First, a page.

Starting in the late 1940’s after years of war and economic struggle, the appearance of the North American family home began to change. Post war architecture moved away from elegantly carved wood, and intricate details, and began focusing on “design for living”; practical choices in form and function. Influences from Bauhaus, Mies van de Rohe, and Frank Lloyd Wright migrated from neighbouring California and Oregon into our own corner of the world. Like all things Vancouver however, we did it a little differently.
Mid-Century architecture played off of the earlier Modernist movement of clean lines, materials in their most basic form, and efficient use of space. West Coast Modernism takes all of those basic tenets and adds an association to nature and an emphasis on local materials, such as hard woods and stone. The resulting structures are functional with a high degree of connectivity to the outdoors. Our rugged terrain can be unforgiving and in many cases dictates how structures are built. West Coast Modernism embraces that challenge using our stormy climate and dense landscapes as inspiration.
West Coast Modern design is characterized by open floor plans, simple post and beam construction, flat roofs, and a heavy use of glass including floor to ceiling windows and expansive skylights. Glass is positioned to best utilize the surrounding elements including exterior plantings, landscape views, water features, and even the path of sunlight. These homes can be incredibly striking with summer sun casting long straight-edged shadows across stone floors, or entire walls of glass overlooking ocean front views.
A great example of this use of light and glass is Robert McKee’s 1956 “Waroway-Stuart House” on the University Endowment Land. The U-shaped design wraps around a square central courtyard with full height glass walls on three sides. The center of the courtyard contains a shallow reflecting pool which bounces natural day light into the home. The north wall off the courtyard is a full 60-feet of glass giving an uninterrupted view of the landscape, and allowing an unbelievable amount of natural light into the home. The low roofline allows the natural forest and skyline to fully encompass the home, creating a private oasis.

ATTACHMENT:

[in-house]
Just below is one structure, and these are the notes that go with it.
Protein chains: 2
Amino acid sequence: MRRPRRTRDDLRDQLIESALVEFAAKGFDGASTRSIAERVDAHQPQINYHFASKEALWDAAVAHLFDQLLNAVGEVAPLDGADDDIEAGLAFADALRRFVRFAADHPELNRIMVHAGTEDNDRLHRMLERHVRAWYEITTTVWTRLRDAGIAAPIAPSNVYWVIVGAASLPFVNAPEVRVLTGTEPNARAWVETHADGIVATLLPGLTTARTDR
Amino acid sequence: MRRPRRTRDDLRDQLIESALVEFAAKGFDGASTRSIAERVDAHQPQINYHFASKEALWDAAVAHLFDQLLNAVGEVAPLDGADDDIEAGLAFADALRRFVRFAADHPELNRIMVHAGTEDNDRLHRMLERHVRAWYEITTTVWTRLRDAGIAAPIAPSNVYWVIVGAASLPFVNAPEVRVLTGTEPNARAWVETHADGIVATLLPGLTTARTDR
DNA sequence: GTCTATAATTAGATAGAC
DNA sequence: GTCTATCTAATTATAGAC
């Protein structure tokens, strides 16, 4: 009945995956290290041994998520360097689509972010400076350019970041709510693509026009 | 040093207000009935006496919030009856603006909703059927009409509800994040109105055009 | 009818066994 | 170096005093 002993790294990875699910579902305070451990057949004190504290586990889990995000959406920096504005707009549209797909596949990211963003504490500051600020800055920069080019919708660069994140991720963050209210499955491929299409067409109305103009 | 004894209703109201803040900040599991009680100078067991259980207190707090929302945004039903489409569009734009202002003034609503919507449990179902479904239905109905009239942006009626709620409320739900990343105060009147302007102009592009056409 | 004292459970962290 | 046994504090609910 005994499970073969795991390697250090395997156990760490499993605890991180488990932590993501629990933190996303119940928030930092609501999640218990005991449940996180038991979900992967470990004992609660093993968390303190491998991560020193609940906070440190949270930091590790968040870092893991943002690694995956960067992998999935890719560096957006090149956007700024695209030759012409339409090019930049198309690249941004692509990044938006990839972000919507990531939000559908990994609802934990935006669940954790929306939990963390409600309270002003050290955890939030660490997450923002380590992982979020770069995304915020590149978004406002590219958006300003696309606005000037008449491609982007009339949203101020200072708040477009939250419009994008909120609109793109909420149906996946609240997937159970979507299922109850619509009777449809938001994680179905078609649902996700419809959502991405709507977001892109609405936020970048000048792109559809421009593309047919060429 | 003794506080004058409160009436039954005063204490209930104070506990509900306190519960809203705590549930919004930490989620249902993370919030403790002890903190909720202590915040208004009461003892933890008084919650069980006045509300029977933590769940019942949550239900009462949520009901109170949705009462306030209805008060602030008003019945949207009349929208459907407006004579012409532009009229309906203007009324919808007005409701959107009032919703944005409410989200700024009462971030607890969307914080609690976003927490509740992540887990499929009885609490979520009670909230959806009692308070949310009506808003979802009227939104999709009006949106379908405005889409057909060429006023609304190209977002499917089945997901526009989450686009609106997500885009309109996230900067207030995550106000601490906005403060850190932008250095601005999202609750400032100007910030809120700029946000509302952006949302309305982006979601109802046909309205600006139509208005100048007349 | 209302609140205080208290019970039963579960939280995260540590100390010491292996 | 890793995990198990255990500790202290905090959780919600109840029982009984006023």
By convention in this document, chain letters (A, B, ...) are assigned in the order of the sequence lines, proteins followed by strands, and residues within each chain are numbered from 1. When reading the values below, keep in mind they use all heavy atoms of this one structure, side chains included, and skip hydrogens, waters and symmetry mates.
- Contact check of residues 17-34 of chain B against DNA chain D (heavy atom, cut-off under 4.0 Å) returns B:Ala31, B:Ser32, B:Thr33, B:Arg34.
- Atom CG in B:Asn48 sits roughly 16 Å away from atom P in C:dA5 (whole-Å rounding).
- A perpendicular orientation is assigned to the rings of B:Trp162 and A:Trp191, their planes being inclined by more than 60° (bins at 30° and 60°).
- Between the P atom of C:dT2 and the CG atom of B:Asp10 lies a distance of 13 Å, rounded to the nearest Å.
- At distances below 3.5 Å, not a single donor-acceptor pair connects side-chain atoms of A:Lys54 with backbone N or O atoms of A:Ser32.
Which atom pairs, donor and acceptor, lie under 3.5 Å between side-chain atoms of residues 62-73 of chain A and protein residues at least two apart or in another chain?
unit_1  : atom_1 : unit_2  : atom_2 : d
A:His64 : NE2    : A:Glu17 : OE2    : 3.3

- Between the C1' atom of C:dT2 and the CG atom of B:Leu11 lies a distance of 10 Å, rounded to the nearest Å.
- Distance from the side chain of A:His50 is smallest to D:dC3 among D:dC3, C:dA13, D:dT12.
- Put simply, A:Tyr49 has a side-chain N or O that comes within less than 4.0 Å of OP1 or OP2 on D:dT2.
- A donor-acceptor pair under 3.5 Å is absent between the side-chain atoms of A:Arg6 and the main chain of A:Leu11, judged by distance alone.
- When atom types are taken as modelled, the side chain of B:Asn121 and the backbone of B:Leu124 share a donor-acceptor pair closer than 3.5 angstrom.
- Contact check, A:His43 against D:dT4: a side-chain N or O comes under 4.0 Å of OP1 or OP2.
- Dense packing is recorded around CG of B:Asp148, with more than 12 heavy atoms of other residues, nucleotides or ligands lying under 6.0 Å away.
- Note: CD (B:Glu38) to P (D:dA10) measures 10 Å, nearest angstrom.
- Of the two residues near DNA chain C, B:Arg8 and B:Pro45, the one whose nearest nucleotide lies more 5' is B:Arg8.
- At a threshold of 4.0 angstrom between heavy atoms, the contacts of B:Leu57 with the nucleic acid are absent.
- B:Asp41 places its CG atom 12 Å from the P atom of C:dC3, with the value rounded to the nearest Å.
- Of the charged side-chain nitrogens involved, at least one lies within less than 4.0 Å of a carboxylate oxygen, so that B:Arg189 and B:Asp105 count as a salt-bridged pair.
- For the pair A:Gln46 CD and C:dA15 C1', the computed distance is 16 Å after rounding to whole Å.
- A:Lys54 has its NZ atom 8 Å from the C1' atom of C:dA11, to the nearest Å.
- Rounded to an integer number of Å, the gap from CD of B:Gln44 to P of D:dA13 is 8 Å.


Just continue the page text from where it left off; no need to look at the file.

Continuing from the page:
Space planning is another important element of West Coast Modernism and is well seen in Harold Semmens “McFetridge House”. Built in 1960, the T-shaped floor plan cleverly positions the childrens’ bedrooms and carport in the stem of the ‘T’ towards the street, while the living spaces and master suite run along the top of the ‘T’, allowing for privacy and full access to the gardens. The current homeowners purchased the 50 year-old house expecting to renovate, but were surprised at how easy the design was to live in. Their renovation plans quickly converted into restoration plans.
Our modern sensibilities push us to celebrate the shiny and new, however when sitting in one of these remarkably designed homes, the attention to detail, thought and connection to nature are hard to deny. Join VHF for the Mid-Century Modern Tour on August 17th as we explore the true beauty in simplicity. We tour inside these 2 homes plus 3 equally beautiful homes and take a look at how modern families are utilizing the open spaces, and making the most of their elegantly practical design.
The Poetics of West Coast Modernism in West Vancouver Barry Downs, 2005. West Vancouver Cultural Services.
Melding Architecture with Landscape Barry Downs, 2013. West Vancouver Museum.
Atomic Ranch: Mid Century Interiors Michelle Gringeri-Brown, 2012. Gibbs Smith.